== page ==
- Bespoke Investment Group looked at 25 years of the biggest annual winners and losers on the Dow Jones Industrial Average.
- The result showed the Dow’s worst losers have roughly doubled the performance of the top winners in the following year.
- That may bode well for Disney stock in 2022 after ending 2021 as the biggest decliner among blue chips.
Walt Disney ended 2021 as the worst-performing stock on the Dow Jones Industrial Average, but if history holds sway, the index’s biggest laggard has a strong shot of swinging to produce gains for investors in 2022.
Disney stock last year dropped by 14.5%, weighed in part by weak fiscal fourth-quarter results and a slowdown in the growth of subscribers to Disney+ streaming service. On the other end, Microsoft’s 51% surge leaves it as the best performer among blue chips in 2021.
Bespoke Investment Group looked at the Dow’s biggest losers and winners over the past 25 years to determine if an investor would be better off riding the momentum and buying the index’s top winner each year or if the better bet was to take a contrarian approach and buy the largest decliner.
Bespoke found the Dow’s worst decliner had an average percentage gain in the next year of 12.1% and a median gain of 15.8%, with positive returns 58% of the time, according to a Tuesday note.
Meanwhile, the Dow’s biggest winner each year averaged only a gain of 6.71% in the following year with positive returns 45.8% of the time. “On a median basis, the next-year performance for the Dow’s biggest winner is actually negative at -3.96%. Not very good!” the independent investment firm said.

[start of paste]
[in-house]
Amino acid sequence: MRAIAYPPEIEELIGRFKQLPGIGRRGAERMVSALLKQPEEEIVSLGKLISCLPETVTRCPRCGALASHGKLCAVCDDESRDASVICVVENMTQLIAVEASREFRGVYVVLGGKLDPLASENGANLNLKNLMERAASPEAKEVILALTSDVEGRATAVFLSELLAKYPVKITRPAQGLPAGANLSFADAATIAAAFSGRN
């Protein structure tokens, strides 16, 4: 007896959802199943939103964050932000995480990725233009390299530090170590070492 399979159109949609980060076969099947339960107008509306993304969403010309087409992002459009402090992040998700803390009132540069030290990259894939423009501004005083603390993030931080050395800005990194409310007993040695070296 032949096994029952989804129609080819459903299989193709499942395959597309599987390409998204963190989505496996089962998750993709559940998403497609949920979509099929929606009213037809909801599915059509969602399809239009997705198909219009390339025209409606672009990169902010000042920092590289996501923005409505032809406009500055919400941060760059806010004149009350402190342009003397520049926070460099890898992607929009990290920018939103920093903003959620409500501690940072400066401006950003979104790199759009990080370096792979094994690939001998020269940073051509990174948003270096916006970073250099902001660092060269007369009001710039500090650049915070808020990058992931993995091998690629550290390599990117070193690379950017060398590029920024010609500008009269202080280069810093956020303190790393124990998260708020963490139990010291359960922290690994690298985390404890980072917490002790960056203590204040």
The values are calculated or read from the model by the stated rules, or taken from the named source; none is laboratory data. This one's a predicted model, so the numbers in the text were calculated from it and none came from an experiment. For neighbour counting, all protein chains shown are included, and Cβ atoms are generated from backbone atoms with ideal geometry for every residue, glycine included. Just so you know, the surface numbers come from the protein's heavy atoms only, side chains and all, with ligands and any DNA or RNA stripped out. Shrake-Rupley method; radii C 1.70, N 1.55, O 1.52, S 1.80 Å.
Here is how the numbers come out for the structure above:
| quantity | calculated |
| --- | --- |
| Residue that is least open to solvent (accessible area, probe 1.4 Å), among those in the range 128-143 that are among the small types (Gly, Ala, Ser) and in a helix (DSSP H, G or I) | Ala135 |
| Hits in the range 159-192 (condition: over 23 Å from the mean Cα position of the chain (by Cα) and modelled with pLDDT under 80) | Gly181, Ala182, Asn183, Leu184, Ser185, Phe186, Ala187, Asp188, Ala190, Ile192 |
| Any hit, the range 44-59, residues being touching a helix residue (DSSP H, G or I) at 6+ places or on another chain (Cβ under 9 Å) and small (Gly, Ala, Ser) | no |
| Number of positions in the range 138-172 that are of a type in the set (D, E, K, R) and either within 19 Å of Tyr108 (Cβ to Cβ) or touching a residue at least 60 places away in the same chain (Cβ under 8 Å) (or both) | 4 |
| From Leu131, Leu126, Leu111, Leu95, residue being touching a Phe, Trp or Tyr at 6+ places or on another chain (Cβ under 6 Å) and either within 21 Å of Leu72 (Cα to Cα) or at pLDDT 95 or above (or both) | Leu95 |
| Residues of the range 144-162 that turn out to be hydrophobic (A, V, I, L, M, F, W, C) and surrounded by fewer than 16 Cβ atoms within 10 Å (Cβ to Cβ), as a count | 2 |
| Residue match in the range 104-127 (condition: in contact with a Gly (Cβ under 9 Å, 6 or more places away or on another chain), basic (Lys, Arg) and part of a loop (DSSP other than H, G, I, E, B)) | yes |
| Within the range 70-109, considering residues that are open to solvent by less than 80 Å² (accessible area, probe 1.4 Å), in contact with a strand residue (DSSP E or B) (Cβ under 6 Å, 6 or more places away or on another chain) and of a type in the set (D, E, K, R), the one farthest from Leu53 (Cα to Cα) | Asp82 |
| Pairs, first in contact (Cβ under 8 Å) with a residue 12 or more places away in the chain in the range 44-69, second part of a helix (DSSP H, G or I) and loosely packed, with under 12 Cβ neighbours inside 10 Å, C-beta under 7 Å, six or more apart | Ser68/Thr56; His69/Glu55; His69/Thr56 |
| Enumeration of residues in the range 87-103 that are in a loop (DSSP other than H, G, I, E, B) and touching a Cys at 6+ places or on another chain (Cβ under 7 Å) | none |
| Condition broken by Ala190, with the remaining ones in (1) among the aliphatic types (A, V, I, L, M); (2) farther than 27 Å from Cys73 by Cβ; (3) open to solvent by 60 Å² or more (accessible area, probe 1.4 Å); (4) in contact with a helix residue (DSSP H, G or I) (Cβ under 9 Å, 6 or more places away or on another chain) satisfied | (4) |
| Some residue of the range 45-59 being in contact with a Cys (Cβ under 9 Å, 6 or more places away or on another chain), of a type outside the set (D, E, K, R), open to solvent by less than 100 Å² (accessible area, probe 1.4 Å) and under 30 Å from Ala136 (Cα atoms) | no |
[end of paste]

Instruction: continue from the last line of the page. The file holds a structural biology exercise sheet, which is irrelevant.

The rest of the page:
While the 25-year performance shows the Dow’s biggest losers roughly doubled the performance of the biggest winners in the following year, Bespoke said it was important to note that the trend has reversed more recently.
From 1997 to 2006, the worst Dow loser posted positive returns in the following year eight out of 10 times for an average gain of 32%. However, over the last eight years, the firm found the laggard has been positive three times in the following year and the average next-year performance has been -6.2%.
Beginning in 2016, when heavy-equipment maker Caterpillar was the biggest winner, the top Dow stock has been up every time in the following year for an average gain of 42%. Before 2016, the lead stock had only logged advances in the following year six out of 19 times.
“This brings us back to Microsoft and Disney,” Bespoke said. “Based on recent history, riding the momentum with MSFT would be the way to go, but going back 25 years, it’s Disney.”